Reading theology into facts: Christian perspective on Earth’s climate change

Reading theology into facts: Christian perspective on Earths climate change

Jessica Parsons

I don’t know about you, but I am kind of tired of hearing, reading and talking about climate change. I don’t deny the importance of the topic, and yes, here I am writing about it again. But I think I found the reason why a disconnect on the topic exists, and why these two words seem to be turning more and more people off. That diconnect? Climate change can mean something different to the evangelical Christian.

The term “climate change” didn’t become so divisive until skeptics came about questioning what is really happening and the cause of it.

We have let the word “believe” decide our thoughts on this subject, but one does not “believe” or “not believe” in climate change because if there are statistics that show a “change” in the “climate” then surely “believe” is not the right word. That’s like you saying, “There was an earthquake here yesterday,” and me responding with, “Well, I don’t believe you.”

Let’s say that records show there was, in fact, an earthquake just like you said, and we know that to be true from public information found by scientists. Now, it would be safe to say, whether I’ve done my research or experienced the earthquake or not, that of course I “believe” it happened, but if I were unsure about something coinciding with it, I may question what really happened, or its cause. I would just hope that if that were me, you’d care to hear me out and not rush to call me ignorant.

I personally believe that the Earth’s climate has been changing since God created this world. The reason we’re just now realizing it, though, is because it’s getting worse. From a Christian stand point, the one often ignored and deemed as the ignorant perspective, I’m here to explain why, which I hope will provide you with some information as to why there are skeptics in the first place.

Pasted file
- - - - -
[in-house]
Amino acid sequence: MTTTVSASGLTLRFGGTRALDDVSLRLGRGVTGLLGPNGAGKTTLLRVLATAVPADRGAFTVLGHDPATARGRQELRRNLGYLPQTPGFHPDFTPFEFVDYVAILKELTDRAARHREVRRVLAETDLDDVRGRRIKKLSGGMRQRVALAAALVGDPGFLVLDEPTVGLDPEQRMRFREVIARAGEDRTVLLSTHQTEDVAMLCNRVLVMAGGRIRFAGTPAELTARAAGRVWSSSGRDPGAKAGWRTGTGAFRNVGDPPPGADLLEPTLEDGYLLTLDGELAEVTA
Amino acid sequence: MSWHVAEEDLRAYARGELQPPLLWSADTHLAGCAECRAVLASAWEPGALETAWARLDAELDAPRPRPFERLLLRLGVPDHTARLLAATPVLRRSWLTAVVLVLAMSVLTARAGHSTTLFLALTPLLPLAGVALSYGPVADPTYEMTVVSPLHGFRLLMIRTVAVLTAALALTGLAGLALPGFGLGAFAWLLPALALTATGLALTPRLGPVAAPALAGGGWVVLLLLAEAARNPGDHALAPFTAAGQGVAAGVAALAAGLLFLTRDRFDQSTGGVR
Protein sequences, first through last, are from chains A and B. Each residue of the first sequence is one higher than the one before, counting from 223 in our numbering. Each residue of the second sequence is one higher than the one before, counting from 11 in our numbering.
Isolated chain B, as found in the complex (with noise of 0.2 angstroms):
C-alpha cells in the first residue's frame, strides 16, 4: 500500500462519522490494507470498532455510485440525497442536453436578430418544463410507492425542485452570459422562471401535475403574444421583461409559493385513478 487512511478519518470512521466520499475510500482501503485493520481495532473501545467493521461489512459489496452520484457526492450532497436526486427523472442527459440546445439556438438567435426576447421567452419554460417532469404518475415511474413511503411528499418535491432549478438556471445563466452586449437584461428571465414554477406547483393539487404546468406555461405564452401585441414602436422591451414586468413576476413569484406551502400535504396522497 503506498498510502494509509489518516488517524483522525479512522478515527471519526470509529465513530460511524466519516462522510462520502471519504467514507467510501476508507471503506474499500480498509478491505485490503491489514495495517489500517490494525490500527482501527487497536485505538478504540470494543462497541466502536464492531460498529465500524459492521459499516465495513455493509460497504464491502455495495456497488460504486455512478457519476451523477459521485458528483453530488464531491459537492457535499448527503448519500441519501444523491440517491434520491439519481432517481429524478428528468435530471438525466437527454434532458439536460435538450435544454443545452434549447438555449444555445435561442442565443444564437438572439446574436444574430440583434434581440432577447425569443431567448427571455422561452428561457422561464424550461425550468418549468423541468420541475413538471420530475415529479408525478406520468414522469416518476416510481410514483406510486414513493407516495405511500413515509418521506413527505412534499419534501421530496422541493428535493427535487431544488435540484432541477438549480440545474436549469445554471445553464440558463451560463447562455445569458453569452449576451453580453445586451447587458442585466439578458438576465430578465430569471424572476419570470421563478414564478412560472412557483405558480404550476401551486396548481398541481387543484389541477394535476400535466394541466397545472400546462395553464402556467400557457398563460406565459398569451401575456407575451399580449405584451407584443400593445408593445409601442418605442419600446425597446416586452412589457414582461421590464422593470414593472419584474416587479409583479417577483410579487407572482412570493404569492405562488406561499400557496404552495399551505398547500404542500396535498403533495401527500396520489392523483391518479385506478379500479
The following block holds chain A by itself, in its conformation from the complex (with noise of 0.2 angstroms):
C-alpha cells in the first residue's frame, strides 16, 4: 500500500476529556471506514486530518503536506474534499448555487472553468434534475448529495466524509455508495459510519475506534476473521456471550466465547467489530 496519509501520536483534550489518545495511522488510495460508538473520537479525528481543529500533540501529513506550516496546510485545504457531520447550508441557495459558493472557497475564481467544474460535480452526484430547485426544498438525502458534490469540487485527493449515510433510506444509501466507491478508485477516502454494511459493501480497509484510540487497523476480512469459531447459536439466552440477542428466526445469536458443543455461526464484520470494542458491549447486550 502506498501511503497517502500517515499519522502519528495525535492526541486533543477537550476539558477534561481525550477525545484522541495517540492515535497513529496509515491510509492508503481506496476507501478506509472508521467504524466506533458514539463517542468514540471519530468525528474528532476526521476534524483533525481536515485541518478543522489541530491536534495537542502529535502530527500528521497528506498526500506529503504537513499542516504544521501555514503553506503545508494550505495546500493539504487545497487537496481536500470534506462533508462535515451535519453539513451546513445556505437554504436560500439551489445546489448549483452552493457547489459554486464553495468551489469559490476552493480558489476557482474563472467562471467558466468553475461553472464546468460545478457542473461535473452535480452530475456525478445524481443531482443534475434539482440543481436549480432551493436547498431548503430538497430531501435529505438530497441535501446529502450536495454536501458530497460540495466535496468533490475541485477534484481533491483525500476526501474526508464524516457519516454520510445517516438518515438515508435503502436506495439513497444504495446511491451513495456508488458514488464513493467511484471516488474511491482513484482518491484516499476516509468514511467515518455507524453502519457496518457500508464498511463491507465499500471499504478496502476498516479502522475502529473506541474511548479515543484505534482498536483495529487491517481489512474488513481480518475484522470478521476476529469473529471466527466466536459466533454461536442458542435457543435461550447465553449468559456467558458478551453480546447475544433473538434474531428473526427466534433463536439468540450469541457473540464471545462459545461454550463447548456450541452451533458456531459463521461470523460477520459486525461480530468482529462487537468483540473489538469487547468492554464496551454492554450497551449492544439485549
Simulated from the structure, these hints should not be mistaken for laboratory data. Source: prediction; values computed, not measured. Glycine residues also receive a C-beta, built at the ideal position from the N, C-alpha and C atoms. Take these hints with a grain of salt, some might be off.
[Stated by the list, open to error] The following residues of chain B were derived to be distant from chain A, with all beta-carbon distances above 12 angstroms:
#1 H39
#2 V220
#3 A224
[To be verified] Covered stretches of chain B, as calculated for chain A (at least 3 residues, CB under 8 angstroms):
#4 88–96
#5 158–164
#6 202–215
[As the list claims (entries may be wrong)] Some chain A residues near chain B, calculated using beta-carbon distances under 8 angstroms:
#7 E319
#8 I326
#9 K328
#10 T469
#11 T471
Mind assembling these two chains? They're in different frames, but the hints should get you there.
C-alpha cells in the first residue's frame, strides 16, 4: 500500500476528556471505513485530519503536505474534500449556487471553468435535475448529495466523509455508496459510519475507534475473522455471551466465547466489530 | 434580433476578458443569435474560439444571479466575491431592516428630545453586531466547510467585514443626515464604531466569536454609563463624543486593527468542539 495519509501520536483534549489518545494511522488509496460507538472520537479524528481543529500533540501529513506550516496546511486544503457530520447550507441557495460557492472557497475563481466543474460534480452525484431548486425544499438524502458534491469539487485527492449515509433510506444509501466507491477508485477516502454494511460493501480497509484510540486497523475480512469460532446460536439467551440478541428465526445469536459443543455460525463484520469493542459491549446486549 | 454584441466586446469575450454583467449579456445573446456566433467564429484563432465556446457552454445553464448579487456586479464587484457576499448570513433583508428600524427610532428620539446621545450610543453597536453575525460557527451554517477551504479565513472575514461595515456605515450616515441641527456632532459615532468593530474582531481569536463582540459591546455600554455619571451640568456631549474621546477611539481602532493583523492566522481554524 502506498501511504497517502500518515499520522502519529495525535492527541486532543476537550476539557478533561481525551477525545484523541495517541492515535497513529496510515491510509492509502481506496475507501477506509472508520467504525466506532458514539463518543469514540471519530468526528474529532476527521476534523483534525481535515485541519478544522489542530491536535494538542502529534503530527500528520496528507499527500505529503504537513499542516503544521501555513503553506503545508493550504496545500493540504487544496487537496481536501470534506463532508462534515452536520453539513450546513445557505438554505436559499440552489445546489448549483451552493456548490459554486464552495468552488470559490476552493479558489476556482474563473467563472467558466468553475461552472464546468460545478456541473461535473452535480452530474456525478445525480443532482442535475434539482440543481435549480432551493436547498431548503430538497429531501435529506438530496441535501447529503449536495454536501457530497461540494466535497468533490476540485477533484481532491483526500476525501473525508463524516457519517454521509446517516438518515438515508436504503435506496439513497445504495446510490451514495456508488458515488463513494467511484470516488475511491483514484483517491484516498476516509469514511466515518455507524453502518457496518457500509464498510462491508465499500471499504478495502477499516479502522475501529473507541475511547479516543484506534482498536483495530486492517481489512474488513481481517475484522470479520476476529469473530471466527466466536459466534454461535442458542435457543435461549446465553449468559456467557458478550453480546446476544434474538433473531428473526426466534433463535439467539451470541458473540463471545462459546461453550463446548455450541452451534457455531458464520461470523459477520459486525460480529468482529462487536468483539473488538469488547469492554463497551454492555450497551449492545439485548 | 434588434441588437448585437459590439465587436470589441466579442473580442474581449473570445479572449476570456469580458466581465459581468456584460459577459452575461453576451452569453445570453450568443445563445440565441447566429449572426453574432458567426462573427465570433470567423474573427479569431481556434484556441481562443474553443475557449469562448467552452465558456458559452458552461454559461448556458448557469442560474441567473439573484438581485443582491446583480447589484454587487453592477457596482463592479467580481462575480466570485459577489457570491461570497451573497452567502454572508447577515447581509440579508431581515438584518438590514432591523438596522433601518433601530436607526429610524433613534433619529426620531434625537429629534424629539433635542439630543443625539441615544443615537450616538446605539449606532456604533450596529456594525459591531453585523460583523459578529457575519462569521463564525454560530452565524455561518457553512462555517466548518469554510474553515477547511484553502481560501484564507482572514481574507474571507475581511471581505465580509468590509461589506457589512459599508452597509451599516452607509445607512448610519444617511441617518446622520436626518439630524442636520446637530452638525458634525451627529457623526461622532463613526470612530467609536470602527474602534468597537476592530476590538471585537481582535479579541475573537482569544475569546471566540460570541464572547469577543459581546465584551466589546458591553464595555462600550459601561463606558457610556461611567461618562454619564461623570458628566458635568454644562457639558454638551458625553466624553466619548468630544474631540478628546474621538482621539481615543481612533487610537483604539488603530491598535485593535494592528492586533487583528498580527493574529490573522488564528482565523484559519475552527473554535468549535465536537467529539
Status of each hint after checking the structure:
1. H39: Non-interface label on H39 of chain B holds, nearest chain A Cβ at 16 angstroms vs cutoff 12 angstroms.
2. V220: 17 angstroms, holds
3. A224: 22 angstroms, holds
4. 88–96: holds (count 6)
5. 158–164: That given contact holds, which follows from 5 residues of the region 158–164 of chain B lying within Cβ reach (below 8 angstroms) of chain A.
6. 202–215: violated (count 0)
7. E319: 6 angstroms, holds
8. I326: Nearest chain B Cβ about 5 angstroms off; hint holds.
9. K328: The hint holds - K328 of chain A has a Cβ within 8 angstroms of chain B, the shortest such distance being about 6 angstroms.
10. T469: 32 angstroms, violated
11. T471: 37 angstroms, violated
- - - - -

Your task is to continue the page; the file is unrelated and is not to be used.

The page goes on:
The Pew Research Center did a study that found over a third of evangelical Christians say there is “no solid evidence” that climate change is happening, which sounds silly on the surface, right? I mean, we don’t have to look very far to see more natural disasters like hurricanes, earthquakes and wildfires devastatingly increasing. But the disconnect here is getting down to what climate change actually means. I’d argue the term “climate change” has a different meaning to different people, otherwise, how can someone be presented with a fact and deny it? Sure, there is pure ignorance, but that’s another divisive term that’s been thrown around like Tic Tacs and often falls back on the name-caller themselves.

To some, climate change is not separate from the idea of human interaction and how our species is at fault. It sounds like that might make sense, considering all the unnatural crap we’ve been putting in the air and on the ground for hundreds of years. But even many credible scientists disagree as to how much of the recent change in climate may be directly, or even partially, attributed to things like carbon dioxide. 

Statistics commonly used to “prove” the planet is rapidly warming are often cherry picked to include only the data points and timeliness to make that narrative more believable.